Explainers

How to carve a Halloween jack-o’-lantern

We ask three American chefs to share their pumpkin carving secrets.
How to carve a Halloween jack-o'-lanternPexels

Let’s be real for a moment. Down here in the southern hemisphere, Halloween isn’t as huge a production as it is for our friends above the equator. We like any excuse to throw a party, sure, but we’re no experts when it comes to pumpkin carving.

Which is why we’ve turned to American native chefs Danielle Alvarez, George Francisco and Chase Lovecky — three chefs with an impressive number of jack-o’-lanterns in their repertoire for advice. (Francisco alone has carved more than 60).

Here are their top tips for how to carve a Halloween pumpkin, otherwise known as a jack-o’-lantern.

The flatter (and bigger) the better

While in theory you can use any type of pumpkin for a jack-o’-lantern, Alvarez reckons a flatter surface is easier to carve. Francisco, who has carved more than 60 jack-o’-lanterns in his day, prefers the larger varieties. “I’ve used every type of pumpkin but the big orange ones used in the US are the traditional favourite,” he says.

Work from the middle

Lovecky, who grew up carving pumpkins in New England, has always worked from the inside out. “We would start by cutting a hole around the stem and then scrape out all the seeds,” he says, “then we would carve out the face and put a candle in the hollowed-out head.”

Stencils make perfect

Francisco, whose pumpkin-carving portfolio includes the “surgeon skeleton” number pictured above, claims his “big light-bulb moment on pumpkin carving” occurred years ago when he applied the concept of stencilling (borrowed from his love of graffiti) to his jack-o’-lanterns. “You take a photo or picture and tape it to your pumpkin,” he says. “With a push pin you trace the important parts of the picture by pushing the pin into the face of the pumpkin. When the picture is removed you have a perfect follow-the-dots template.”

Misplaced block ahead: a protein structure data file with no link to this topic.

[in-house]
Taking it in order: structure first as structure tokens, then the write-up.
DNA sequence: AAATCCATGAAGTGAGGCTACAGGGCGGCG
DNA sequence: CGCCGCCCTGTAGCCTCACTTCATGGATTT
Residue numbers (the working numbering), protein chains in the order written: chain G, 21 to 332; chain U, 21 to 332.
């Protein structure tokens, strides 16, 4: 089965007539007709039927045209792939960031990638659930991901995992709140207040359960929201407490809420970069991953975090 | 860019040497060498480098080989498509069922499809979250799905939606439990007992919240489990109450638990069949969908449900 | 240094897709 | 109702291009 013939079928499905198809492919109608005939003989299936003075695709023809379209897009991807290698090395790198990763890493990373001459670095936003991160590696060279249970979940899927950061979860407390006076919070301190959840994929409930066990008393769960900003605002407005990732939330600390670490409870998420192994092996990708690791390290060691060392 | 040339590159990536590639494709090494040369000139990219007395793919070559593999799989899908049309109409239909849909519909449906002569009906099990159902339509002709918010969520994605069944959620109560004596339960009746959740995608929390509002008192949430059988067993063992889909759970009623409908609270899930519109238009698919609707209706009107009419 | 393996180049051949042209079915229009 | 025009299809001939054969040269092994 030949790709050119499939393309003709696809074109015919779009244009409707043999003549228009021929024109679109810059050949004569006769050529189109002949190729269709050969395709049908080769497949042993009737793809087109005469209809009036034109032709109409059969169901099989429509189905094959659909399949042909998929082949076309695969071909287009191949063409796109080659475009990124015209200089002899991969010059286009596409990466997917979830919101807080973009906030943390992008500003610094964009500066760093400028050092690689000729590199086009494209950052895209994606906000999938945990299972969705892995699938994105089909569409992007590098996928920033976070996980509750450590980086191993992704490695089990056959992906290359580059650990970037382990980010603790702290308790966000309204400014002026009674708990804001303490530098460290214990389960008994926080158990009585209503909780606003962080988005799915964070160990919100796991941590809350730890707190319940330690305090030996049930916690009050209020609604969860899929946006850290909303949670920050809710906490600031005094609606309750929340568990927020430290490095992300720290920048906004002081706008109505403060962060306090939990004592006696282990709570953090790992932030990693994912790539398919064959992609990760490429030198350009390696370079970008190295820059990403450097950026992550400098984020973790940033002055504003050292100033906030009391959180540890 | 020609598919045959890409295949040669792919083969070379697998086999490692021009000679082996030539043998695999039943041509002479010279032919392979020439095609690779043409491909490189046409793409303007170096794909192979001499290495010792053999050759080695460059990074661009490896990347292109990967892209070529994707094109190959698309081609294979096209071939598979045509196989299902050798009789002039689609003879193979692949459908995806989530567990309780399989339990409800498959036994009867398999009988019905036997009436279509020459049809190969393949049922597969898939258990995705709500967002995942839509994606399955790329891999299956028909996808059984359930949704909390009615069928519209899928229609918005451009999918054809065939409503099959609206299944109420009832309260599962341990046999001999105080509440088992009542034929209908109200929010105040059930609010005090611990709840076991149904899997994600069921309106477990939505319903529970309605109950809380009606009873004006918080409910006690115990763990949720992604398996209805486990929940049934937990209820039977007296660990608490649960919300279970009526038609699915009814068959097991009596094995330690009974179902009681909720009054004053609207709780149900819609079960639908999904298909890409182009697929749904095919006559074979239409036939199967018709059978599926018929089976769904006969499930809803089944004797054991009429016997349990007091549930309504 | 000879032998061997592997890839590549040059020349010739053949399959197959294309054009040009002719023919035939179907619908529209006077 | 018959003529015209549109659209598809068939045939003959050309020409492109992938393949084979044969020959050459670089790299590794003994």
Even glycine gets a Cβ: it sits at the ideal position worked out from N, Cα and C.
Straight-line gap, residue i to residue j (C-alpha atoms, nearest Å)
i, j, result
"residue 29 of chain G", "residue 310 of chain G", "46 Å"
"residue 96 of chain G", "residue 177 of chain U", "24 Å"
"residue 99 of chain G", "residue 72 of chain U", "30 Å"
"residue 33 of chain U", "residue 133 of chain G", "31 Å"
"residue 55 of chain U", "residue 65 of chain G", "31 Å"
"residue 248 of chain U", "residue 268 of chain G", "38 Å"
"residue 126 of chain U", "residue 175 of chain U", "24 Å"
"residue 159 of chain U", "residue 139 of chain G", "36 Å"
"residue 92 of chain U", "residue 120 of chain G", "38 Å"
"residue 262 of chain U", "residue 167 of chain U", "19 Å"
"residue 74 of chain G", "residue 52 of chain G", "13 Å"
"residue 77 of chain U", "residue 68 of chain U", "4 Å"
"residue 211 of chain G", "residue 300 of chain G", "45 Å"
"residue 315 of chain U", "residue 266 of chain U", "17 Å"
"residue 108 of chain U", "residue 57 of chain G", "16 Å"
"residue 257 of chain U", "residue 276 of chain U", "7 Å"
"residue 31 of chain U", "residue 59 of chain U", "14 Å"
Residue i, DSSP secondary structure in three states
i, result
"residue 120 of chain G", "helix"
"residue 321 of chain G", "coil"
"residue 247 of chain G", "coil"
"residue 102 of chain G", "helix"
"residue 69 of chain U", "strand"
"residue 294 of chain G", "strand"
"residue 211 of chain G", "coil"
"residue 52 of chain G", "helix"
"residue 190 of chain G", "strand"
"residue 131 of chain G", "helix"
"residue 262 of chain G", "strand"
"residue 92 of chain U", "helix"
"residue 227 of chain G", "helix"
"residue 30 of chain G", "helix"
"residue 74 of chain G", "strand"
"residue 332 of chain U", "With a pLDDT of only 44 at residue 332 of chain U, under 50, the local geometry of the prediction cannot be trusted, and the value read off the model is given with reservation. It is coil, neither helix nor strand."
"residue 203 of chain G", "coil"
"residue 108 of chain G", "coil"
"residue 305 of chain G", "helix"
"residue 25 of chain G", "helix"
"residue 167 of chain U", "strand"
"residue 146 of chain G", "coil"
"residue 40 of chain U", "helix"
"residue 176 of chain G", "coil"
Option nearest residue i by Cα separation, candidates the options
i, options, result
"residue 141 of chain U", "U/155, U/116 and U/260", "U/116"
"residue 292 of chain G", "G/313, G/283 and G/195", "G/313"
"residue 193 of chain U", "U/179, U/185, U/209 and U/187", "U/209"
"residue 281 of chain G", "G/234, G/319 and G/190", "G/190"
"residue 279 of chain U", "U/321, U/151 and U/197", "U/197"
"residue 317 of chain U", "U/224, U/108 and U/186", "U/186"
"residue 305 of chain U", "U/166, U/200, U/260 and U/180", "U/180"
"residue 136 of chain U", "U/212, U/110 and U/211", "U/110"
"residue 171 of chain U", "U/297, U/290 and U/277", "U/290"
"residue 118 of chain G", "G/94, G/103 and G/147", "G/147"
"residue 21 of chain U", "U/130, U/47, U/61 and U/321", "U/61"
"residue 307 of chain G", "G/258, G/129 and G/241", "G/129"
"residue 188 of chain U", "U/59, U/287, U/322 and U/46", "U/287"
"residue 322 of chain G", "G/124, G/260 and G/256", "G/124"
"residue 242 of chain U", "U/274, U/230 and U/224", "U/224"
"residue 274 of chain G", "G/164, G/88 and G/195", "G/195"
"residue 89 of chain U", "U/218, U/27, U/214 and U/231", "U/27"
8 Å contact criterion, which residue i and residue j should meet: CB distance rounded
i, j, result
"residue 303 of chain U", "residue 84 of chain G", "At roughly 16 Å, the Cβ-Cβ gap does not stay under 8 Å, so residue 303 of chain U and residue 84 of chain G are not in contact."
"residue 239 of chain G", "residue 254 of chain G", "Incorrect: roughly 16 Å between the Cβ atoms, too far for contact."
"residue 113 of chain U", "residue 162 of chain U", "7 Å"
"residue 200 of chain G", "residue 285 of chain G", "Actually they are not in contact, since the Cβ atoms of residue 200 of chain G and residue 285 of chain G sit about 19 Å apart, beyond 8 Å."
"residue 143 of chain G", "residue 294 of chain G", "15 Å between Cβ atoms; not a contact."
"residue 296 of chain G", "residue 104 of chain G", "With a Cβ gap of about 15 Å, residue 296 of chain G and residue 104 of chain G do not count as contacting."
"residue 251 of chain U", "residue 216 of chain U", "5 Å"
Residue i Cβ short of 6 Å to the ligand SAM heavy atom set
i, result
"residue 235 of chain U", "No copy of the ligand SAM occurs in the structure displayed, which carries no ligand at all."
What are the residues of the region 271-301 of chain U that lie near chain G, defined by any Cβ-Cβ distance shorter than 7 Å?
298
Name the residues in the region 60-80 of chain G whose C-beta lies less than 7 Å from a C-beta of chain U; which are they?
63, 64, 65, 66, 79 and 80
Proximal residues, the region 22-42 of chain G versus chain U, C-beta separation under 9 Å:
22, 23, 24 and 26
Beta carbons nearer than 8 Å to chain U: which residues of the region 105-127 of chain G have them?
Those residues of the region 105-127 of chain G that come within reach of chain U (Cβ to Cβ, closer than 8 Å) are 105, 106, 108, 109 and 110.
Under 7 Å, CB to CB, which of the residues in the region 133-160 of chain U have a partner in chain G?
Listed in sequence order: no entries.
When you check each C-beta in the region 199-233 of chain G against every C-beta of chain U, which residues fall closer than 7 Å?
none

Don’t be afraid to shade

Francisco also says you don’t have to cut all the way into the pumpkin all the time. “You can just shave off the hard orange outer skin and leave the soft, inner, edible part,” he says. “This gives you the ability to shade certain areas, giving subtlety to the picture with different darker and lighter shades.” Just make sure you cut the key features all the way for maximum impact when the light shines through.

Pick the right blade for your level of skill

Both Alvarez and Lovecky suggest using a small serrated knife, particularly for novices. For those with a little more experience (or courage), X-Acto knives or Stanley knives are the go. Looking to go even more extreme? “A hand-held electric drill is good, too,” says Francisco.

Save the seeds

While the pumpkins more popular for carving are usually less flavoursome than those grown for eating, the seeds are still fair game. “Wash them off, toss them with oil, salt and pepper, then bake for 10-15 minutes,” Lovecky suggests. They can add to the creative process, too. “Occasionally I’ve made them into teeth for an even spookier jack-o’-lantern look,” says Francisco. Alvarez toasts hers with chilli powder, salt and olive oil. “It’s labour intensive,” she says, “but worth it.”

Keep some bleach handy

For a jack-o’-lantern that’ll go the distance, Alvarez suggests pouring a few caps of bleach inside the pumpkin after carving. “Swirl it around the inside flesh,” she says. “It’ll keep insects away and make it last longer.”

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